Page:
Valeant's stock has been slipping on drug-pricing worries, and one-time deal partner and company enthusiast Bill Ackman has certainly taken note. His hedge fund, Pershing Square Holding, recorded a 12.5% loss last month, Reuters reports, with news that lawmakers are looking into Valeant price hikes on a pair of older meds spooking investors.
Roche has been facing pricing pushback for its breast cancer drug Kadcyla in the U.K., with the country's cost watchdog nixing the med last year and the Cancer Drugs Fund recently rejecting it from its covered list. Now, patients are voicing their discontent, calling on Britain's health minister to override the company's Kadcyla patents and open the door for lower-priced copies.
With pharma's U.S. pricing power apparently in jeopardy, industry watchers are worried. Just take a look at drug stocks' performance over the past week or so, as a firestorm over an enormous price increase by one drugmaker--Turing Pharmaceuticals--inspired political promises and public rancor.
After the outpouring of rage that greeted Turing Pharmaceuticals last week when it decided to hike the price on an older med by 5000%-plus, its CEO, Martin Shkreli, is one of the last people any pharma chief would want to be compared with right now. But that's the position Valeant skipper J. Michael Pearson found himself in Monday afternoon.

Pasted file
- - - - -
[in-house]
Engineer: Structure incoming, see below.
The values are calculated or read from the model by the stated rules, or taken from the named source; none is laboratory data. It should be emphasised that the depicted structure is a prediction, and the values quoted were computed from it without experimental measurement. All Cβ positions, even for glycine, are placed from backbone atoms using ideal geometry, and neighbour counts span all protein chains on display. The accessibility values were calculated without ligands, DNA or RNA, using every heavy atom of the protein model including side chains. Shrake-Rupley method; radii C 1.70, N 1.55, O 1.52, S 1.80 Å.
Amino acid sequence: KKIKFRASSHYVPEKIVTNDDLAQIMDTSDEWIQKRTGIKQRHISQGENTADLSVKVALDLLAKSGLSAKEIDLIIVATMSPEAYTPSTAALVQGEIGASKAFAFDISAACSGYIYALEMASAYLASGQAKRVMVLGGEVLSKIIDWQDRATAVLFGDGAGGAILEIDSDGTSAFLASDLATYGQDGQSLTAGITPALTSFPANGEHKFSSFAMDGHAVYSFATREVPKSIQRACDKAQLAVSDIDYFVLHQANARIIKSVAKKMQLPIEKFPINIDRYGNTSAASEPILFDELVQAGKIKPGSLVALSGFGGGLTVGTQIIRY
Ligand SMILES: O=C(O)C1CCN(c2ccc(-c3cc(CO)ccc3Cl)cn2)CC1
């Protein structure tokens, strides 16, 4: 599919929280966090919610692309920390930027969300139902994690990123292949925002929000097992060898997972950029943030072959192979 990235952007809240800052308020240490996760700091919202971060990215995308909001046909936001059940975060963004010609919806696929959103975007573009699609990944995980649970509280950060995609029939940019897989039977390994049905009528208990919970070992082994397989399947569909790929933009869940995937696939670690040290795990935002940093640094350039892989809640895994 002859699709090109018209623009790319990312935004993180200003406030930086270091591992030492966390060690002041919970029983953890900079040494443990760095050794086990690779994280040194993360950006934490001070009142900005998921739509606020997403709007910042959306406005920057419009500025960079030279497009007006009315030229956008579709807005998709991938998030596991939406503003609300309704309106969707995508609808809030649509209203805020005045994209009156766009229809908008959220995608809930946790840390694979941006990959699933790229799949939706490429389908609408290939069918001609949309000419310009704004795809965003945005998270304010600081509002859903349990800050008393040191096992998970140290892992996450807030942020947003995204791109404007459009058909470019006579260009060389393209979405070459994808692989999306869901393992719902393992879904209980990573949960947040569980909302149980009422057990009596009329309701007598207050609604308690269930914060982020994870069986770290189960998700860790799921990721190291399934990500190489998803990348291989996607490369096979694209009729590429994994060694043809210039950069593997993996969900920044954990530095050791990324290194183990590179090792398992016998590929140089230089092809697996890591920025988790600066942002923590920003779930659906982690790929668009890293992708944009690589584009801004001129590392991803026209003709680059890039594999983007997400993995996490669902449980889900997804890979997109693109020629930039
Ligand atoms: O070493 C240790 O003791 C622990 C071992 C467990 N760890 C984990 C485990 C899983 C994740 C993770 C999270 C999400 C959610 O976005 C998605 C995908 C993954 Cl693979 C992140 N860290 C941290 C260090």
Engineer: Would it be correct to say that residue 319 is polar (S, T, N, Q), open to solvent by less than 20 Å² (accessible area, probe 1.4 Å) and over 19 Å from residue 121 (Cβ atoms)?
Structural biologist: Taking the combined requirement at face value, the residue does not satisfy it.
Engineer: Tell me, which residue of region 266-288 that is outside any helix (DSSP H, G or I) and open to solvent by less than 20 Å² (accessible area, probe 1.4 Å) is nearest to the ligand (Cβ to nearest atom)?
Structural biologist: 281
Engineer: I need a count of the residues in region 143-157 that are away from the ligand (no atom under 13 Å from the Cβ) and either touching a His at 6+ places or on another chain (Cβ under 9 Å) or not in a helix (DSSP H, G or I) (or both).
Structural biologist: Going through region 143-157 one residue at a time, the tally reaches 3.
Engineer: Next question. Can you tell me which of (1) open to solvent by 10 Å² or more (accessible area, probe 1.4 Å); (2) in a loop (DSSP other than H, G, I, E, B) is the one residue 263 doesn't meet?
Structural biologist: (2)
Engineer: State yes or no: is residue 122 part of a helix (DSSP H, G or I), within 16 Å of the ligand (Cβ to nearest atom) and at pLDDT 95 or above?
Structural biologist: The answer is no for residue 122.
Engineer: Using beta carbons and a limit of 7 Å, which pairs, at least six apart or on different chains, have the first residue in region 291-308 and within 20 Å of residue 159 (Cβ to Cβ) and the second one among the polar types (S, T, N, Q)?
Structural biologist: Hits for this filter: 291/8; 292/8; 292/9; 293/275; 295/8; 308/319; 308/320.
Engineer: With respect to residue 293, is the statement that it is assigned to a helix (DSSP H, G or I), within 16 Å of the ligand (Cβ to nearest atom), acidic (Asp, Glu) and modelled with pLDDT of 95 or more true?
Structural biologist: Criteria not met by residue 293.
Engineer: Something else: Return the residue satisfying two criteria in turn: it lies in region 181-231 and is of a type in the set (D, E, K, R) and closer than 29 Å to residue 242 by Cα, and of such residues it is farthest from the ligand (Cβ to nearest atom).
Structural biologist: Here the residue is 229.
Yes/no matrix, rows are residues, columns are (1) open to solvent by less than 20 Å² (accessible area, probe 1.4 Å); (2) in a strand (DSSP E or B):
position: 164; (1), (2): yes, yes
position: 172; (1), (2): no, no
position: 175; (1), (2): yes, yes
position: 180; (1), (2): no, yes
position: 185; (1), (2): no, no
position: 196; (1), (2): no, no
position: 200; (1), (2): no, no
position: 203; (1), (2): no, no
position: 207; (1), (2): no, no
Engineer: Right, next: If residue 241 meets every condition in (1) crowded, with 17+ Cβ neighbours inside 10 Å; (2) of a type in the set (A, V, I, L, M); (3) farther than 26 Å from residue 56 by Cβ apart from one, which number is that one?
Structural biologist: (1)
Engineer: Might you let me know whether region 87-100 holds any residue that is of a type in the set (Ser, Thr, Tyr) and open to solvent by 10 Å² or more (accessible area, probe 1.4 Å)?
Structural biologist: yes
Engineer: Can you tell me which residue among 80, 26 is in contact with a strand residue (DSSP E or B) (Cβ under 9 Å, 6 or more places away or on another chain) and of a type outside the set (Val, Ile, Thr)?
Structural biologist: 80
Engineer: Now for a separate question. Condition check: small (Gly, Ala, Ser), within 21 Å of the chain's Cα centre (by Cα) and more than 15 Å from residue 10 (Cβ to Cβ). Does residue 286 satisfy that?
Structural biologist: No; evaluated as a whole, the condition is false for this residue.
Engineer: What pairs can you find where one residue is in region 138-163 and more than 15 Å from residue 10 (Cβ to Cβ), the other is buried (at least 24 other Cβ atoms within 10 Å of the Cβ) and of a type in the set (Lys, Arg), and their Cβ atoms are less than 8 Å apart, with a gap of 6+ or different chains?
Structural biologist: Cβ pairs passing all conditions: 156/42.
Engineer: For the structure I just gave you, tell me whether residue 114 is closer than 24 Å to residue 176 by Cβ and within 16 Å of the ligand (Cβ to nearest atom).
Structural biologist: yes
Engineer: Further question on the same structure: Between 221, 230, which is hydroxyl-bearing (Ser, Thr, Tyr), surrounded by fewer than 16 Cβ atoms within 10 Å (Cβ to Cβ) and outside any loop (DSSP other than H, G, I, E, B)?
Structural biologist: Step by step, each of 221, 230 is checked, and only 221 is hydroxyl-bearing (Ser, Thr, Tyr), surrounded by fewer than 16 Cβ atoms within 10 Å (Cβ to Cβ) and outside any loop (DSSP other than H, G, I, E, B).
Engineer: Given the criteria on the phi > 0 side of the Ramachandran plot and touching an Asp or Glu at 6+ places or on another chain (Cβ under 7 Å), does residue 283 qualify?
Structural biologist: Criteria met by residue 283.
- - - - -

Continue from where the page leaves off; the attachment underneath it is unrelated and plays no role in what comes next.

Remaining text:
Sure, Valeant has raised prices--and a lot, on some drugs. But employees shouldn't worry about it, despite the recent price-hike backlash plaguing the industry and its stock prices. That's the read from CEO J. Michael Pearson, who issued a letter on Monday to Valeant workers explaining that revenues from Isuprel and Nitropress--two products that saw their prices soar after his company picked them up--aren't part of the Canadian pharma's growth stats.
It's well known that the U.S. pays more for drugs than countries that use cost assessments and price caps do. But how much more? Up to 10 times, according to a new report from The International Federation of Health Plans.
The International Federation of Health Plans sifted through insurance data to compare pricing for prescription drugs in countries such as the U.S., Australia, Argentina, Spain and Canada and found enormous differences between the U.S. and other countries.
Amid all the drug-pricing brouhaha this week, a British pharmacologist was preparing to unveil his research showing just how much more Americans pay for cancer therapies. And while it's well known that medications cost more in the U.S. than in other countries, this new study puts some surprising numbers to that spread.
In the land of pharma, off-patent drugs usually translate to lost profits. But things don't always shake out that way, according to a new report from EvaluatePharma, which found that companies with aging blockbusters could be set to collect billion-dollar sales for the meds by 2020.
On Monday, Hillary Clinton spooked biotech investors with a tweet promising to crack down on high drug prices. Shares plummeted. On Tuesday, she'll publicly unveil her pricing proposals in an Iowa speech, but until then, her campaign has offered some quick hints.